We are trying to streamline operations here at the Crocker house. So, in an attempt to spend less money on clothes, I have tried to institute some new policies.
My first incarnation of the idea included the policy "Only buy expensive things". This may sound counter-intuitive. However, any time a big price tag enters the equation it forces me to be more discriminating. The most expensive things in my closet have been around a long time and I expect them to be around for a while, as they are more classic. I've gotten rid of a few expensive things and felt tremendous guilt that I didn't choose wisely in the first place--I don't want to experience that again.
I realize that the "expensive only" policy could work except that some of my favorite things come from Old Navy. Before you point out that they make clothes crappily, I admit that 90% of their stuff is cut very poorly as they are only interested in clothing stick-like teenagers who'd look good in a pillowcase with the seams ripped to make head and armholes. Yes, they fade and fall apart faster, but I wear the heck out of them. I've even thought about taking some of the pieces to a tailor and having them recreated in higher-end fabrics. I promise I'm not actually insane.
So here are the current policies:
- Consider whether I'd buy it if it was more expensive. A sale price should figure into the decision very little, if at all.
- Does it make me say "Wow, I look better" when I put it on? Pretty good is not good enough.
- Is it trendy? If so, it has to be pretty cheap. Money spent should correlate with the expected longevity of the garment.
- Does it fit perfectly? If not, do I like it enough to pay for alterations? I've discovered tailoring in the last few years, even for things like cheap jeans (it's like drinking cheap wine out of a Riedel glass).
- Does it need modification? Will I modify it (whether I do it myself or take it to a tailor)? Do I need another project like this?
- Will the fabric bother me in any way? I've learned not to buy any more wool or animal hair ever again. Well I do have a cashmere hat, but it's high-end enough that it doesn't itch.
- Does it require dry cleaning or hand-washing? I can handle a few things that are drip dry but every time I buy hand-wash-only things, I end up machine washing them accidentally or intentionally, but with fingers crossed. I am pretty good at knowing what fabrics can actually be laundered but have learned this through expensive experience. If it needs dry cleaning I have to think about how often I'll wear it (special occasion or weekly wear?) and calculate the dry cleaning costs for a year. Ouch!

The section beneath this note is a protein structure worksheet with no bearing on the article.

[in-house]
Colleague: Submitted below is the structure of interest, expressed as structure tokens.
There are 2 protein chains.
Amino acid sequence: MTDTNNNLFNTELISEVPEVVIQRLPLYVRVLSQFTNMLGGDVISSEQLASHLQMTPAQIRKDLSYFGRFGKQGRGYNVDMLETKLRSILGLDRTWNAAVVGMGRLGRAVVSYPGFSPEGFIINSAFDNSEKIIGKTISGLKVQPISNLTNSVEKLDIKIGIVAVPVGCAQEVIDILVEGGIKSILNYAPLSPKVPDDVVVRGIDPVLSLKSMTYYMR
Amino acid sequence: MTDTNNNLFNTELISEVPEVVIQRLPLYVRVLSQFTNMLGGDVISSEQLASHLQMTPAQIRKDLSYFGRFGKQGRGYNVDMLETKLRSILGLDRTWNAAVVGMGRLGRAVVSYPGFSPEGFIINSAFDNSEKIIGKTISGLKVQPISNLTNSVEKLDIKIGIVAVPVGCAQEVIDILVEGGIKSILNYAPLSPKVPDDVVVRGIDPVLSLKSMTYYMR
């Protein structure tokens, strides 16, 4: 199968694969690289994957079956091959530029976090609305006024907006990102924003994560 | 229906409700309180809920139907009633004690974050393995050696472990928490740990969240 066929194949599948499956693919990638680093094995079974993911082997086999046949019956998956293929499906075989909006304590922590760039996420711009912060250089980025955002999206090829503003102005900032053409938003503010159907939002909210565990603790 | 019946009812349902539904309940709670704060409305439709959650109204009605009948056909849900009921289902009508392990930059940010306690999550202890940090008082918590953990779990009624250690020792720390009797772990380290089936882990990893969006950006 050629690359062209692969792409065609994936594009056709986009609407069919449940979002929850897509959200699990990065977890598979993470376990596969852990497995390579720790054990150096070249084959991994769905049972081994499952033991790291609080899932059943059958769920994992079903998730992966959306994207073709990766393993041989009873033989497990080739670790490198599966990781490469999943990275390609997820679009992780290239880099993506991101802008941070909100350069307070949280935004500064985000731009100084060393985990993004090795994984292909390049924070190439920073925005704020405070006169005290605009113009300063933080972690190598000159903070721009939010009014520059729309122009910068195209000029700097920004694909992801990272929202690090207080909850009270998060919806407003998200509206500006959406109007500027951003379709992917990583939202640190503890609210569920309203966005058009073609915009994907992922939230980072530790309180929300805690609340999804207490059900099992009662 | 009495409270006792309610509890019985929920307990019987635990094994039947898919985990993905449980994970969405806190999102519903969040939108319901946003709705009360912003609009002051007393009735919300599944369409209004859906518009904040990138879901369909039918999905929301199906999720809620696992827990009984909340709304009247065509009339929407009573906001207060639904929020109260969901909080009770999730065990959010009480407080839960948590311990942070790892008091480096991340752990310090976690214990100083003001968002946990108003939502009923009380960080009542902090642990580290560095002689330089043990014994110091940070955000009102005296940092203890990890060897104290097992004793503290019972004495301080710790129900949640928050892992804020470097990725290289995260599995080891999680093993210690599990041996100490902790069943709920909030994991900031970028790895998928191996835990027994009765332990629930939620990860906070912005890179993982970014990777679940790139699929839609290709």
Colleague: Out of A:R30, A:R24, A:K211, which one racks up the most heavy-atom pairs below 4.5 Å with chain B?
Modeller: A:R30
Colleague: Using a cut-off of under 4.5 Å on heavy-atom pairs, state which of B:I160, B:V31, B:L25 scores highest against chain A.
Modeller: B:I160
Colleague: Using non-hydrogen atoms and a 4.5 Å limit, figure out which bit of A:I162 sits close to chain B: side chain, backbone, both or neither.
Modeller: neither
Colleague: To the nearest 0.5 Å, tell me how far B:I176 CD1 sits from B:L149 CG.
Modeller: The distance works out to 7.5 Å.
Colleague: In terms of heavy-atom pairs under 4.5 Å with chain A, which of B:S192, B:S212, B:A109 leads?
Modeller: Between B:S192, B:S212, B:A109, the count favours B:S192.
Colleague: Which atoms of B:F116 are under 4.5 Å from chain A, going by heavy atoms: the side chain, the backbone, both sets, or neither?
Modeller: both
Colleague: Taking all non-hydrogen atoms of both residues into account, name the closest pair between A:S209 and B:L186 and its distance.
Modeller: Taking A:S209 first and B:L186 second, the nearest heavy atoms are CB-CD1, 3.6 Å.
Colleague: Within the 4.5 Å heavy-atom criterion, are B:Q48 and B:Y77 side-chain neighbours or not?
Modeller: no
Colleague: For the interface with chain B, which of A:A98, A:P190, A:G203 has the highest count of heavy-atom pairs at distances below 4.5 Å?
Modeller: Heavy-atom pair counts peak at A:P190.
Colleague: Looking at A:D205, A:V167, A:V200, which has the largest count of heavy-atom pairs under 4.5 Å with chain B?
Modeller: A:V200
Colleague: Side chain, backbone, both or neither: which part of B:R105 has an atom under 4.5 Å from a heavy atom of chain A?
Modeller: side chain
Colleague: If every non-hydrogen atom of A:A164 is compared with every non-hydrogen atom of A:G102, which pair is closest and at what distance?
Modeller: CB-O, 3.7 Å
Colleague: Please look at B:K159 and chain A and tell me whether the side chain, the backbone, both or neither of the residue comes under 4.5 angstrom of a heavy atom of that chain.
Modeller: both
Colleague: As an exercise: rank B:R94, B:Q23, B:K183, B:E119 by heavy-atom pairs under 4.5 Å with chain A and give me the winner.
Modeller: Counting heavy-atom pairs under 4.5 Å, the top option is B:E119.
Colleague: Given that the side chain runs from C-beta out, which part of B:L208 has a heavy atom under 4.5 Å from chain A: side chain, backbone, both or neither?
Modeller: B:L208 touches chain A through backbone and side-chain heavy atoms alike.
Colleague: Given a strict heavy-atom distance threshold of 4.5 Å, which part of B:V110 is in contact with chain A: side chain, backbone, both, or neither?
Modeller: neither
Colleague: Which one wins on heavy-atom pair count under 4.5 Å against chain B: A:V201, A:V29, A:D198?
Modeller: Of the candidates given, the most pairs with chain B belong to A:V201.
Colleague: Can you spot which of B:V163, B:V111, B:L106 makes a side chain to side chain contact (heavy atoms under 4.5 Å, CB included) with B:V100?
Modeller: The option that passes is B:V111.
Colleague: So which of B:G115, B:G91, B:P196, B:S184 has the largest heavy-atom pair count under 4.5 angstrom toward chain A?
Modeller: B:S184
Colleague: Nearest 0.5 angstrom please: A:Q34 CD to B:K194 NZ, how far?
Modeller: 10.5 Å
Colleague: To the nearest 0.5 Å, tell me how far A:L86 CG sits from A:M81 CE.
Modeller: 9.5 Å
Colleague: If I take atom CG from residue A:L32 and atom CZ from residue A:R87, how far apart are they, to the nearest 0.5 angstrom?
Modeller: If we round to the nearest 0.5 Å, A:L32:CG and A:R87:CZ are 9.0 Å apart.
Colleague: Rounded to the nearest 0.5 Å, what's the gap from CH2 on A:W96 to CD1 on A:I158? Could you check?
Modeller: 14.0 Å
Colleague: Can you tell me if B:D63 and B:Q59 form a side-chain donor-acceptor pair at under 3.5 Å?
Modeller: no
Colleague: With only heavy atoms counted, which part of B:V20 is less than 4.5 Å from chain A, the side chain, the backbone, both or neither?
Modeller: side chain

- Don't drink and shop! Never shop after dinner that includes alcoholic beverages.
- Don't be seduced. Nordstrom has a mysterious seductive power, especially when shopping with my husband for clothes for him. Do they use aromatherapy or subliminal audio or what?
- Don't shop under duress. This is what happens when you realize you don't have appropriate shoes or something for an event. Unfortunately the antidote to this is either A) spend more time planning your wardrobe so it is well-rounded or B) shop recreationally--I must admit I find the best stuff when I'm not looking for anything particular. Any time I go looking for something specific, I can't find it. It's a paradox.
- Coming home with a bunch of bags means unloading them, removing tags, figuring where you're going to put stuff in my already-full closet, putting the bags in the recycling (which can mean disassembling the plastic or fabric handles), figuring out whether to keep the extra button provided and where to put it.
- Buying a bunch of stuff means having to enter more receipts in my Quicken, reconcile more items on my statement.
- More stuff means cleaning out my closet more often. It's something I do approximately twice per year, and although it takes 15 whole minutes, I'll procrastinate about it for months.
- Shopping takes a lot of time. In the last few months we've gotten really good at Scrabble because we stopped going to the mall for recreation.